Jason felt defeated. “Wish there was something I could do.”
“Hey, at least you came to see me,” Randy said gratefully. “That means a lot.”
A regretful memory rose to the surface of Jason conscience. “Sorry for the things I said that night…you know, after that party.”
“Don’t be,” Randy brushed aside. “I’m the one who should be apologizing.”
“I never wanted you out of my life,” Jason asserted. “It’s just that things changed.”
“Yeah they did.”
“This is all fucked up,” Jason said moodily. “You don’t deserve to be stuck in here.”
“There’s always time off for good behavior,” Randy pointed out.
Jason was struck by the Randy’s optimism. He saw no reason for it, but his gloom lightened. “You should be able to swing that,” he said humorously as he finally relaxed. “At least you’re going to be paroled someday, not me. Parenthood is a life sentence.” He leaned in confidentially. “I have to admit, you may be right about Chris taking over my life.”
“You know,” Randy began completely serious, “if I had a girl like Christine in my life, I wouldn’t be stuck in here right now.”
Jason saw a long absent clarity in Randy’s eyes as they looked at each other for a long moment. “Yeah,” he finally said. “I guess I’m the lucky one.”
“Sorry I couldn’t take care of the bachelor party.”
“It’s all right,” Jason said, “probably would’ve lead to more arrests.”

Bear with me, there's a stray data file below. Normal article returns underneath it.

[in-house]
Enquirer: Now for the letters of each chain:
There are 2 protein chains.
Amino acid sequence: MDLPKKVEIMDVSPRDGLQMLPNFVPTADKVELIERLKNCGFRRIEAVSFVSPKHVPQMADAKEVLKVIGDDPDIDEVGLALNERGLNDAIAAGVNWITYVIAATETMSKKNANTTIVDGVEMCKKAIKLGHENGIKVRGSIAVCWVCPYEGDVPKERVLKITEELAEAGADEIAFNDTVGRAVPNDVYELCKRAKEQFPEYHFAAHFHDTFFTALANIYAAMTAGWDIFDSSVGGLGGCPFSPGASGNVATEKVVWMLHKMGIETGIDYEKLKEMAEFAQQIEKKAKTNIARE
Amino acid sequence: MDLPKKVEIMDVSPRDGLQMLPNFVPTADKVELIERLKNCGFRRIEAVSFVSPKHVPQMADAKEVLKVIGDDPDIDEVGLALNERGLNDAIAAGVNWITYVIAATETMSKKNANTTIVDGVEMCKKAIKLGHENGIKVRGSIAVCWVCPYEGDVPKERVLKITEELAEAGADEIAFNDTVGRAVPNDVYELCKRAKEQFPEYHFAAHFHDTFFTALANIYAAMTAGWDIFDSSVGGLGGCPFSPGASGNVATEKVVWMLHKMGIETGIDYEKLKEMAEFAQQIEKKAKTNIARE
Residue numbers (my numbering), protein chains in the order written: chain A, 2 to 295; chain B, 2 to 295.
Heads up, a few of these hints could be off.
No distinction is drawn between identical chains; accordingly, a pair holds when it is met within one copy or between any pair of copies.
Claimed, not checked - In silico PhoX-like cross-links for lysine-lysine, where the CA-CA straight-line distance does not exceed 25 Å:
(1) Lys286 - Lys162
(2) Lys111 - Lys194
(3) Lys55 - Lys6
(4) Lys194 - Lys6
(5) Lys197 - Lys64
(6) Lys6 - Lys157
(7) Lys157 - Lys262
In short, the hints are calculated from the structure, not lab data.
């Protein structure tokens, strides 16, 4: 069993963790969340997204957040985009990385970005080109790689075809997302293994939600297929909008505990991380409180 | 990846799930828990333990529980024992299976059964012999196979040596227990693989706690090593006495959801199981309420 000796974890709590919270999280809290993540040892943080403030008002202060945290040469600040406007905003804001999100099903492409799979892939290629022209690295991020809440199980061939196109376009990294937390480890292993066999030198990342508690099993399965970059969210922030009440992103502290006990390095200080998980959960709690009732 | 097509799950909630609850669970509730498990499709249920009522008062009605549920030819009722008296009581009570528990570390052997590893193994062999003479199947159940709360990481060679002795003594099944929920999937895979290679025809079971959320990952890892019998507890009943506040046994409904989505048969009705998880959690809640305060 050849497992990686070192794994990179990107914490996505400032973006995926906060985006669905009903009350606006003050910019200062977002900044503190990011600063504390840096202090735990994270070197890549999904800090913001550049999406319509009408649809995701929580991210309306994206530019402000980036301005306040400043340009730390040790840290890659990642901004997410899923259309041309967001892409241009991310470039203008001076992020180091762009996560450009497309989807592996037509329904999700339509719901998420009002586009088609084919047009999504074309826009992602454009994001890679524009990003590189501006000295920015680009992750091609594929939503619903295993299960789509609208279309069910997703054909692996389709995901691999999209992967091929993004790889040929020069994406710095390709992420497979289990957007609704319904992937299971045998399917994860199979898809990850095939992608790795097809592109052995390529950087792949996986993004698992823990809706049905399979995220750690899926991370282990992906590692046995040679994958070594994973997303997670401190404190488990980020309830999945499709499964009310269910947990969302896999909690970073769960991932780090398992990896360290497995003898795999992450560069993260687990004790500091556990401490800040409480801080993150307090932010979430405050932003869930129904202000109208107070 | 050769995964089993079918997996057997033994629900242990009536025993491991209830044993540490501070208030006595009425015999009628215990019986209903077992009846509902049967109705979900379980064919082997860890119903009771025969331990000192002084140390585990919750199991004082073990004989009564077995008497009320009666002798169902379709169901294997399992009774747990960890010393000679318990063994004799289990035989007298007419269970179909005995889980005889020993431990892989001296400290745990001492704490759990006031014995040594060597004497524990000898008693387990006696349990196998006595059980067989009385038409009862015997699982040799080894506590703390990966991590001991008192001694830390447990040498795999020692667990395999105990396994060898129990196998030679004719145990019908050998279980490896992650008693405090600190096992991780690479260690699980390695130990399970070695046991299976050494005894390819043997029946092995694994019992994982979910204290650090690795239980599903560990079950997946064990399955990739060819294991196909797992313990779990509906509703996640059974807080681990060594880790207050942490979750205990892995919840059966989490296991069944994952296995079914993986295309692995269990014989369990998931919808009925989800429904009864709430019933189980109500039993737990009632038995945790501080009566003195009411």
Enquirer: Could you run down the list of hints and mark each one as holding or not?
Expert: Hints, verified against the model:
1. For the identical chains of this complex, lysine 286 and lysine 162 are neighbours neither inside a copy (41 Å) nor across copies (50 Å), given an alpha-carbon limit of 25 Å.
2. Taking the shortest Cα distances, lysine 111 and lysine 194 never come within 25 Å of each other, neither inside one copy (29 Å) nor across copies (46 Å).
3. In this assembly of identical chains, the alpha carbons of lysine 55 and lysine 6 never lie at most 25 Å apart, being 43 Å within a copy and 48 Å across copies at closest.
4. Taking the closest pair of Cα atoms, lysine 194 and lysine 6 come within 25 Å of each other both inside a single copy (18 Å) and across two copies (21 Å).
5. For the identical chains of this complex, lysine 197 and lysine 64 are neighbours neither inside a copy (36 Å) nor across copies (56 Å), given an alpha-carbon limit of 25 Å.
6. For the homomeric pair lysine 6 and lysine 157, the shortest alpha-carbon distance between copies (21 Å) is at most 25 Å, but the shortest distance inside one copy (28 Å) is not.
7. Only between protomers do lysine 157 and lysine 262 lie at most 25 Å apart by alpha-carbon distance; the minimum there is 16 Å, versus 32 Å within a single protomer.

“Yeah, Darren most likely,” Randy predicted, and they shared a laugh. “Send me some pictures of the wedding.”
“You got it.” Jason wanted to make the moment last. Memories of a disappeared, happier past beckoned him, and he sensed Randy was feeling the same way. He wanted to enjoy the moment some more, but he felt the pull of the outside world. “Well, I better get going.”
“Tell everybody I said hi.”
“I’ll do that.” Jason looked to Randy one last time. “Good to see you again.”
“Likewise. Don’t be a stranger.”
“I won’t.” Jason fought back tears. “Bye, Randy.”
“See you later, brother.”
Jason slowly hung up the receiver, got up, and left the stark room. He saw Randy in his periphery still seated behind the glass partition as he was departing.
©2018 Robert Kirkendall
Timmy brought the balloon animal to his family. “Look at what I got.”
“Why look at that balloon dog!” his mother said. “How cute!”
“No,” father disagreed, “it’s a horse.”
“You’re both wrong,” grandma interrupted. “It’s obviously a rhinoceros.”
“Let me look at that,” Uncle Wally requested as he took the balloon animal and inspected it. “Just as I thought, a pelican.”
Aunt Sue grabbed the balloon animal and looked it over. “No, it’s a lobster.”
“You’re all wrong,” Timmy said as he took it back. “It’s just a bunch of balloons randomly tied together. You people are weird.”